Lopez’ mother, like the almost 400 others, was arrested on identity theft and fraud charges for using a social security number to secure a minimum wage job killing cows and chickens at the largest employer in town, a slaughterhouse owned by Aaron Rubashkin and managed by his son Sholom. Most of the arrested workers signed confessions they didn’t understand, leading to five-month jail sentences followed by deportation. Some women were forced to wear ankle monitors that tracked their movements, prohibiting them from working, taking their children to the doctor, or fulfilling their basic needs. Fear was thick. Hundreds of undocumented residents took shelter at St. Bridget’s Catholic Church, afraid of being arrested and deported. Others fled the town and never returned. Lopez and his siblings spent days in his basement, horrified of being seen and separated further. What was once a place of joy and pleasantries felt like the apocalypse, courtesy of the US government’s broken immigration system.
But immigrants are resilient. They come from ancestral lines of innovators and warriors. With the help of Iowans like Sonia Parras, an immigration attorney originally from Spain who dedicated hundreds of pro-bono hours representing the workers, they made history.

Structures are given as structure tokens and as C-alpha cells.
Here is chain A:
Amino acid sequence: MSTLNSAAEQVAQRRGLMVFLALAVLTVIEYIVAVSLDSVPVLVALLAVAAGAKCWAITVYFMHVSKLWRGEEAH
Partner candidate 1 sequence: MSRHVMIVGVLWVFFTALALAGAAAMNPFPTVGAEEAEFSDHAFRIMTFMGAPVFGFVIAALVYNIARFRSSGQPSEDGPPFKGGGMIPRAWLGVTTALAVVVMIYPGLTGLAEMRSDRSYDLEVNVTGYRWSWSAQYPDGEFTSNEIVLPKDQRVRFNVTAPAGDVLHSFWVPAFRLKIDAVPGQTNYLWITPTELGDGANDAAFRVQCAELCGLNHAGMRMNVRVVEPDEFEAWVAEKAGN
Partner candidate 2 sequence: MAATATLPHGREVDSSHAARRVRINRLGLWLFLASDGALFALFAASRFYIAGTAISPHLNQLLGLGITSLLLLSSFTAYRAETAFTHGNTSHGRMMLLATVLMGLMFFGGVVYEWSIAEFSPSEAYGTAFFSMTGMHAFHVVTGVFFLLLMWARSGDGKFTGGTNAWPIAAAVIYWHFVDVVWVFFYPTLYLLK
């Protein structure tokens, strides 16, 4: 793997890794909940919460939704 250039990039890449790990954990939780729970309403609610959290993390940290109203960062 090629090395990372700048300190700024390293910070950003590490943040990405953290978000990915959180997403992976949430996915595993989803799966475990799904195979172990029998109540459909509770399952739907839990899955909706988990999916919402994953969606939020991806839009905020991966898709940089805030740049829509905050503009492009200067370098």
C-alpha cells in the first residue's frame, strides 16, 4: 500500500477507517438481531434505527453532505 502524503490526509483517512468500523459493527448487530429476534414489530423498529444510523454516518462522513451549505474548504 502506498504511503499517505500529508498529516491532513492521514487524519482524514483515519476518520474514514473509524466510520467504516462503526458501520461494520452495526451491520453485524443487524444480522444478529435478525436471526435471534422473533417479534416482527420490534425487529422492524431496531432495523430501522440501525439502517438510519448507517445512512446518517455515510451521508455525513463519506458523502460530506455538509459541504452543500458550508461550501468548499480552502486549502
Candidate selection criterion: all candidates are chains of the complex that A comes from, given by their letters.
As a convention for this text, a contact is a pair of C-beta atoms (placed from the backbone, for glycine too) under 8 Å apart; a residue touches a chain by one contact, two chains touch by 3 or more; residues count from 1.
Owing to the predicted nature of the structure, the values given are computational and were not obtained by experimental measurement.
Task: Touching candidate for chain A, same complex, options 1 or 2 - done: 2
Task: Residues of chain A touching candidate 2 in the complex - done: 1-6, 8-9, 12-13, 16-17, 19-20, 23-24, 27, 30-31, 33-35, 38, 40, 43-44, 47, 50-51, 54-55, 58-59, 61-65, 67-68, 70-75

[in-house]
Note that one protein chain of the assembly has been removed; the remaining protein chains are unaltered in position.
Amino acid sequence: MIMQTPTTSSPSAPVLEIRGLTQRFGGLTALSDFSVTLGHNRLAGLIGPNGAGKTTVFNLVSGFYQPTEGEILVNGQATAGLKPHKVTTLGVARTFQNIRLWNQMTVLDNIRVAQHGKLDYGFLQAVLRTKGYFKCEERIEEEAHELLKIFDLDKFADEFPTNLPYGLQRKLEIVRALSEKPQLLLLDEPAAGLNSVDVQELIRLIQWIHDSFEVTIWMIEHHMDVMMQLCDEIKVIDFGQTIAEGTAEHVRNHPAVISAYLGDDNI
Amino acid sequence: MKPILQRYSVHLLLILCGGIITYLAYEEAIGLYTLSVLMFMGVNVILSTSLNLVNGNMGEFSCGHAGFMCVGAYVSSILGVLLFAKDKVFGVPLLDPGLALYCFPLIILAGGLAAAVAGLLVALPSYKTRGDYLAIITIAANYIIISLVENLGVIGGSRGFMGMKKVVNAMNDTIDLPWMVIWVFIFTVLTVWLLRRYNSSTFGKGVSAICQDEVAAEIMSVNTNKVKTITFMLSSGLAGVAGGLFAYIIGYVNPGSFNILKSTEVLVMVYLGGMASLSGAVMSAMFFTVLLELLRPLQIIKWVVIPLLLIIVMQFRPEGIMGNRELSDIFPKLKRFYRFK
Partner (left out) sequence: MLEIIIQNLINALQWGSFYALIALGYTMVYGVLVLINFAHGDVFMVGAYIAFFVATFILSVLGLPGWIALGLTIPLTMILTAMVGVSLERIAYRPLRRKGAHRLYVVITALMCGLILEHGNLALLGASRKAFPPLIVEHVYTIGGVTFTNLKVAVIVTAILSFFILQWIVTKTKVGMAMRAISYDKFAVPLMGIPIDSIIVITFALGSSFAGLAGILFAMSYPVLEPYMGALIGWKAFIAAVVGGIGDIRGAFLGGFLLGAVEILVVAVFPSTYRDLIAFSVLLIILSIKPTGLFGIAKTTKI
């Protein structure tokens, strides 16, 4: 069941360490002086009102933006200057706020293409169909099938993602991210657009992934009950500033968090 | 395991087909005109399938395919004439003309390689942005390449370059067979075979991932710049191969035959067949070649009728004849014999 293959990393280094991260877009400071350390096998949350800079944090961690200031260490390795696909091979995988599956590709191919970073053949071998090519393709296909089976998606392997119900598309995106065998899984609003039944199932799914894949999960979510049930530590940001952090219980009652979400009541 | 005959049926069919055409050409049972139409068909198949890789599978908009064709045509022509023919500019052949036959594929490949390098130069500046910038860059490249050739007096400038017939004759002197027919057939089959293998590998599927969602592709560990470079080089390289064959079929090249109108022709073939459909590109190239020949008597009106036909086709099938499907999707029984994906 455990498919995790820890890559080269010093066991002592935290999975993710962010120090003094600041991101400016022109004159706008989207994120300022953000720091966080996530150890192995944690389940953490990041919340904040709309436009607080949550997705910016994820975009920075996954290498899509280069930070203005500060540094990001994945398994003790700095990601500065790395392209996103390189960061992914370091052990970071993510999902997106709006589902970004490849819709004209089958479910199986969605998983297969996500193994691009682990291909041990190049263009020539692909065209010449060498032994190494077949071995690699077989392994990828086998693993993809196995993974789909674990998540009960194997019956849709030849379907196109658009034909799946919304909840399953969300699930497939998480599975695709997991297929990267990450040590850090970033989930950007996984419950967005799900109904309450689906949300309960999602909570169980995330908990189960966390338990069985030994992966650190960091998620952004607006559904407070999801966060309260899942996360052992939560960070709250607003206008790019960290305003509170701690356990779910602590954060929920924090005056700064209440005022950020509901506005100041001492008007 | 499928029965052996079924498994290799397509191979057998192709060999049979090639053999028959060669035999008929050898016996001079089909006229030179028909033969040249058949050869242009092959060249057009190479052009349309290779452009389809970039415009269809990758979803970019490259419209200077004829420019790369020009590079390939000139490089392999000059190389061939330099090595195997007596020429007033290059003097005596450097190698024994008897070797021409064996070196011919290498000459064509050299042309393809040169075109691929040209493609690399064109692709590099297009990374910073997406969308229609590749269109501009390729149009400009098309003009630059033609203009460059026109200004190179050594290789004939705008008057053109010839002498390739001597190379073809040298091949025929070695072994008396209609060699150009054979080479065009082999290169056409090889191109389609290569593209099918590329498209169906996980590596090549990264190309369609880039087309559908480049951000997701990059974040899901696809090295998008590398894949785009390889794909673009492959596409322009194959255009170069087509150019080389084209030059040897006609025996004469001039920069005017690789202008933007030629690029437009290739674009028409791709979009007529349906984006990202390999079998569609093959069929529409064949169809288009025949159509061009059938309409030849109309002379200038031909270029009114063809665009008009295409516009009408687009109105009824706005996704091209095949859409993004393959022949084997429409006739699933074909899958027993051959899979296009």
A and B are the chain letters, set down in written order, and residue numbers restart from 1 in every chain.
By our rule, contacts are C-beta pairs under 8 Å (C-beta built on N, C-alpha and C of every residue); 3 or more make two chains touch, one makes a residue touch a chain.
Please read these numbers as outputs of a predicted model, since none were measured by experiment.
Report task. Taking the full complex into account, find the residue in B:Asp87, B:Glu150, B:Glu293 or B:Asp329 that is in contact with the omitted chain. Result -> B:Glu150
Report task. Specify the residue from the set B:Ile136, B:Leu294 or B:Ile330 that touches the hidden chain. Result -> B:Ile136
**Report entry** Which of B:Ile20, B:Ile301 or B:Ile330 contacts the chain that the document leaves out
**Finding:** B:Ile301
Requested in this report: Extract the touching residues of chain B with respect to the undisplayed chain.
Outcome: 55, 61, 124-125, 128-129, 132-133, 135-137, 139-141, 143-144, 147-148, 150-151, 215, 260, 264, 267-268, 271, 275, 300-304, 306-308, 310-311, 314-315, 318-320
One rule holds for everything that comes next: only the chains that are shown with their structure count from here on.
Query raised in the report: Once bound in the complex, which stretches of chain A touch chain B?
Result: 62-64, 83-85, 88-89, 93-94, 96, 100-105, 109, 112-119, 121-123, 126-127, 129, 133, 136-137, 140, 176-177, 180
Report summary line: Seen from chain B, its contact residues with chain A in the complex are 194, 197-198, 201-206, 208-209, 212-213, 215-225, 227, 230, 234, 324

Parras was called to help with intake. Volunteers at the Waterloo Cattle Congress where the majority of detainees were taken were overwhelmed. They didn’t have much time to process everyone and get statements. They worked through the night. Parras was struck by how young some of them looked. “How old are you?” She asked one of the women. She was only fifteen. Parras knew this was going to be about more than immigration. The plant had been under investigation by the Department of Labor under suspicion of child labor law violations, wage theft, sexual harassment, and a list of other infractions. However, none of the employees would talk to investigators. Parras designed a new set of questions for the volunteers to ask the detainees. Her plan was to find out if they were eligible for U Visas, which would help them stay in the US. The U Visa was created by Congress in 2000 for victims of specifically designated crimes, regardless of their immigration status. According to the US Citizenship and Immigration Services website, “The legislation was intended to strengthen the ability of law enforcement agencies to investigate and prosecute cases of domestic violence, sexual assault, trafficking of noncitizens and other crimes, while also protecting victims of crimes who have suffered substantial mental or physical abuse due to the crime and are willing to help law enforcement authorities in the investigation or prosecution of the criminal activity.” Parras uncovered numerous crimes that fell under the regulations and got to work filing out applications.